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Forum topic by Seanroze posted 02-24-2017 04:07 AM 533 views 0 times favorited 7 replies Add to Favorites Watch
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Seanroze

5 posts in 297 days


02-24-2017 04:07 AM

Hello to everyone. I am new to wood working and have completed one simple built in with floating live edge maple bench so far. It turned out nice I think, and I really enjoyed the time I spent doing it so I guess I’m hooked.
Now, as to my dilemma. I very recently acquired, very inexpensivly, some very beautiful figured maple slabs that I wish to turn into a table and benches.

The pictures don’t do it justice, it is rough sawn and still shines it is very figured and burl’y. The problem arises because, it was felled a couple years ago but milled a year and a half ago and stored in a garage in the Oregon high desert (by the person I got it from) it was a 13’ slab and cut in half the ripped down the middle for the benches. The benches are in great shape but the big slab is cupped very much. I am wondering what kind of fix there might be for it at this point. I’m down for anything, even hand planning the whole thing if I have to. But if I could find a less labor intensive method I would like to. The cracks and checks do not bother me, I actually have big plans for them, so if what needs to be done causes more I wouldn’t hate it.
The big slab is currently 6’ 6” x 36”x 3”
Anyway. Thanks for your time.
I’ll be looking for design ideas soon as well.

-- I hear only half, what had I heard the whole, would understand but half.


7 replies so far

View Aj2's profile

Aj2

1178 posts in 1637 days


#1 posted 02-24-2017 05:22 AM

There’s no fixing wood that’s cupped.
But you can build a router sled contraption to flatten it.
The rest is up to you.

Aj

-- Aj

View Lazyman's profile

Lazyman

1508 posts in 1227 days


#2 posted 02-24-2017 05:27 AM

Check out router planing jigs. It’s going to to take awhile with anything that big no mater what approach you take.

-- Nathan, TX -- Hire the lazy man. He may not do as much work but that's because he will find a better way.

View BurlyBob's profile

BurlyBob

5068 posts in 2105 days


#3 posted 02-24-2017 05:39 AM

Sean, if you decide to give up on these. Get in touch with me. Prineville is not to much of a drive. I’d be happy to take them off your hands.

Best of luck with your endeavors. Those are going to be something awesome.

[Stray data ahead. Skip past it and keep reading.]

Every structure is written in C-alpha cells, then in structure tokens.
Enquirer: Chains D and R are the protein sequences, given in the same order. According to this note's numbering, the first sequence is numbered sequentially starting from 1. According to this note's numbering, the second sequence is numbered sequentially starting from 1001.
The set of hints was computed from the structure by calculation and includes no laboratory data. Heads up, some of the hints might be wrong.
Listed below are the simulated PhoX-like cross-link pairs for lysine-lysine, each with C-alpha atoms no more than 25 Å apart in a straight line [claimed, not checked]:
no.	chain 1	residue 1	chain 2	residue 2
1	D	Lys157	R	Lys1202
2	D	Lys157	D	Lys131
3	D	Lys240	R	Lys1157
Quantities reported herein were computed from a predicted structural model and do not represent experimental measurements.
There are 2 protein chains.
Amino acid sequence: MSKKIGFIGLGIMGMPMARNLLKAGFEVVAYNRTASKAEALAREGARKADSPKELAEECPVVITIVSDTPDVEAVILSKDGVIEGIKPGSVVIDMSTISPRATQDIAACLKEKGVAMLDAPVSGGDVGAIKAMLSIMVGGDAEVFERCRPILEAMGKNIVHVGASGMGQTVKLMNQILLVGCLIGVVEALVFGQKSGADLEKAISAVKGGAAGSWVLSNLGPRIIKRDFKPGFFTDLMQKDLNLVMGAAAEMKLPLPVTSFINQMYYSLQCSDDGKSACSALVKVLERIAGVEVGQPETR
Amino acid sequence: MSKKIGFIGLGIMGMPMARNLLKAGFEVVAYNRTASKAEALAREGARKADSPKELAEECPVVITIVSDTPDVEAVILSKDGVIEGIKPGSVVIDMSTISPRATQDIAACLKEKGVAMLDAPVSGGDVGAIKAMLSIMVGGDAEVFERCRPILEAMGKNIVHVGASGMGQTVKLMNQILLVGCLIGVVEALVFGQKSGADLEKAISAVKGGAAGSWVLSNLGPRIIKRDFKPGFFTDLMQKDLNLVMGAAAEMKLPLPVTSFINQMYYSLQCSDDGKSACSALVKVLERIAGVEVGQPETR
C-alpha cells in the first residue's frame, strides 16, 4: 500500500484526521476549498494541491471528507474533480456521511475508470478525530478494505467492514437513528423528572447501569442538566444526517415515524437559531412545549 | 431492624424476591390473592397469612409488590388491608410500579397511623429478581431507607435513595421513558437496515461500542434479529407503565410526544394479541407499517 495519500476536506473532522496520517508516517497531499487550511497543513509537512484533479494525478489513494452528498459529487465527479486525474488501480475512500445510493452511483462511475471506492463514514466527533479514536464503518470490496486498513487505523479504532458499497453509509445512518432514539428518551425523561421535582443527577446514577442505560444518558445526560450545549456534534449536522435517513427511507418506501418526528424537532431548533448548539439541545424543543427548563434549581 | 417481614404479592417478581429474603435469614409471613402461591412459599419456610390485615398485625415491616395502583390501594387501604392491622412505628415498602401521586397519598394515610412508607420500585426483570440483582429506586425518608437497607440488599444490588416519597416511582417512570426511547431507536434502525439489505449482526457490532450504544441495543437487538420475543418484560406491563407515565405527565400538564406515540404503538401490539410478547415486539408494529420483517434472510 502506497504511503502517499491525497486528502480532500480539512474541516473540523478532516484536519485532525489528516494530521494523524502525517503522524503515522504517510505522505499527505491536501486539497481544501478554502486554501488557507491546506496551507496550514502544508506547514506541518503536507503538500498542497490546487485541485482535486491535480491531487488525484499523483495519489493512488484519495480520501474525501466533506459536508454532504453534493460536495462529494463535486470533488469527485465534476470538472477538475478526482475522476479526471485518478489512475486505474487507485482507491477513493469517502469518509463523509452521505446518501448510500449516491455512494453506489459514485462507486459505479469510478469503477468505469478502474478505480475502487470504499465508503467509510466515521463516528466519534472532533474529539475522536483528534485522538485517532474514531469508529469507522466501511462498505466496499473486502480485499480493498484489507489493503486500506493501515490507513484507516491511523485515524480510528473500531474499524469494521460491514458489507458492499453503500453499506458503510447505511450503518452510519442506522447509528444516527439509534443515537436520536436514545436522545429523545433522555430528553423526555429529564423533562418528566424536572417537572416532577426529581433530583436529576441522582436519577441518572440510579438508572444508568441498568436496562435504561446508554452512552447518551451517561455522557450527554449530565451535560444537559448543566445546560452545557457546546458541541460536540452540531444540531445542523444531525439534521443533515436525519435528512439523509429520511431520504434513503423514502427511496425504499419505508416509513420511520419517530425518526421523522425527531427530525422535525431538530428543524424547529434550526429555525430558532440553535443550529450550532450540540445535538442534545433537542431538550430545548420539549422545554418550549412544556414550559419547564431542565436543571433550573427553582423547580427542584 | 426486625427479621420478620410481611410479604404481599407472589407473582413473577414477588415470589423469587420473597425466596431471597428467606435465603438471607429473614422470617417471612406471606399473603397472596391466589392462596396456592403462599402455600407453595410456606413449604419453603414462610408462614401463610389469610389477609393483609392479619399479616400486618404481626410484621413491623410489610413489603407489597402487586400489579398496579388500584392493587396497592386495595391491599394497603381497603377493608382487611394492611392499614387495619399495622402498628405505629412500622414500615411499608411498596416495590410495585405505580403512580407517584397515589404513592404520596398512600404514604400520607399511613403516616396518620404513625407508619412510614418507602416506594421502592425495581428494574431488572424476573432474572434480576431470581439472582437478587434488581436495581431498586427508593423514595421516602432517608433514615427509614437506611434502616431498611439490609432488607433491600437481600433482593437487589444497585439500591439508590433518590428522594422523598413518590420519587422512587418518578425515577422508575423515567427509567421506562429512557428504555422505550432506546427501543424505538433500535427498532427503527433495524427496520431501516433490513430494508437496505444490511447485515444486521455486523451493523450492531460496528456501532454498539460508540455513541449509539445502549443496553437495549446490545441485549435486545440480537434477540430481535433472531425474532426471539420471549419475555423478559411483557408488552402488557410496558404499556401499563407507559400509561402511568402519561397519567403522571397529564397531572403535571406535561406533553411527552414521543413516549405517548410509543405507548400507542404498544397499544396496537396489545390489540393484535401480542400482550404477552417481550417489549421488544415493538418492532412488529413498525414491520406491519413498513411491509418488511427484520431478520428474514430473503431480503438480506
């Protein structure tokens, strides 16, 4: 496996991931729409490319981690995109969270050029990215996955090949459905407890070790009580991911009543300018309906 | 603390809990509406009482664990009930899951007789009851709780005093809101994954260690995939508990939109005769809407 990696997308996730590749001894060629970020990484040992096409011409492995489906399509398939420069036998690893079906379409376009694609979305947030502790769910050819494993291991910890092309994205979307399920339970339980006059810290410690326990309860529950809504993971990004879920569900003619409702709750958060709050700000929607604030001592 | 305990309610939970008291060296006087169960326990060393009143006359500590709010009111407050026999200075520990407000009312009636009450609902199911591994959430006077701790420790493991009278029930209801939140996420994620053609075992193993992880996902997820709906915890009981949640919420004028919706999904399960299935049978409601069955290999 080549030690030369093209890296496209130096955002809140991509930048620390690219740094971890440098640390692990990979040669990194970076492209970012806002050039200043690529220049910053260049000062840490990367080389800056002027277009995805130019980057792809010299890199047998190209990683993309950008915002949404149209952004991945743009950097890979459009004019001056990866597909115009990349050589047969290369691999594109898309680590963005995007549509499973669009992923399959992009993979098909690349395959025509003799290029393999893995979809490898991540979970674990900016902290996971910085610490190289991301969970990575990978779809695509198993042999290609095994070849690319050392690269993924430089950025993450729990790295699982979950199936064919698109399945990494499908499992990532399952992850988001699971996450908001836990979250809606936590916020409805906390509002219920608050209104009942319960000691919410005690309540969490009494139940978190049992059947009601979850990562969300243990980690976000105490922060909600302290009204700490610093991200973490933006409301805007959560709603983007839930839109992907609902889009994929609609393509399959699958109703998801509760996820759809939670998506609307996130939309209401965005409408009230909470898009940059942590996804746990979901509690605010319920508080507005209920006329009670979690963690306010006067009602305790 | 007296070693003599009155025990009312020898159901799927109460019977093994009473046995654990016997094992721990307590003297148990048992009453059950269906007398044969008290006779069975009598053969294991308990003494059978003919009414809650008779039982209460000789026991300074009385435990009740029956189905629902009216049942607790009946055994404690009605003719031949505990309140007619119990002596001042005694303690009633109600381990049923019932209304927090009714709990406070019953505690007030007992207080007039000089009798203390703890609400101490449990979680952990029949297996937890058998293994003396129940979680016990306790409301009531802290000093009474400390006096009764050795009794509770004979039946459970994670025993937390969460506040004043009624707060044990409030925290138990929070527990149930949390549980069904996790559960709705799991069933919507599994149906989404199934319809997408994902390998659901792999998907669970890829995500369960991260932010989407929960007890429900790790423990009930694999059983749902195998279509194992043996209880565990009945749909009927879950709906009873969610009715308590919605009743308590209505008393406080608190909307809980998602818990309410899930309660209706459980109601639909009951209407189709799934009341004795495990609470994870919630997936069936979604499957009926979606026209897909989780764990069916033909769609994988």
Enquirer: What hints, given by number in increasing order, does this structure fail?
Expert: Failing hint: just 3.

View Seanroze's profile

Seanroze

5 posts in 297 days


#4 posted 02-24-2017 06:24 AM

Burlybob. “Those are going to be something awesome”
I know


Just add water…the entire slab looks like this.

-- I hear only half, what had I heard the whole, would understand but half.

View CustomBuild's profile

CustomBuild

2 posts in 296 days


#5 posted 02-24-2017 07:42 AM

Use a router sled. Make sure you get a large diameter planing bit for the router.
It will not take very long if you have a bit that is between 1 1/2 inches to 2 inch

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Seanroze

5 posts in 297 days


#6 posted 02-27-2017 03:35 AM

Thank you for the replies so far. I thought of a router sled, but do need to know if there is a maximum amount of twist I could or should work with. Aside from the crown/cup issue, the slab has severe twist to it. When I get 3 corners to touch my bench, the fourth is a full 2” above. The slab is 3” thick. My question is. Is it possible I could not have enough material to work with?
Thanks.

-- I hear only half, what had I heard the whole, would understand but half.

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Seanroze

5 posts in 297 days


#7 posted 06-03-2017 11:01 PM

Well, I went ahead and gave it a shot. I started with the first bench to my table set. I’ll star on the other bench in a week or two. This one didn’t take too long to straighten out. The other bench has about the same twist but the main slab is really warped.
Here are a couple pics.

-- I hear only half, what had I heard the whole, would understand but half.

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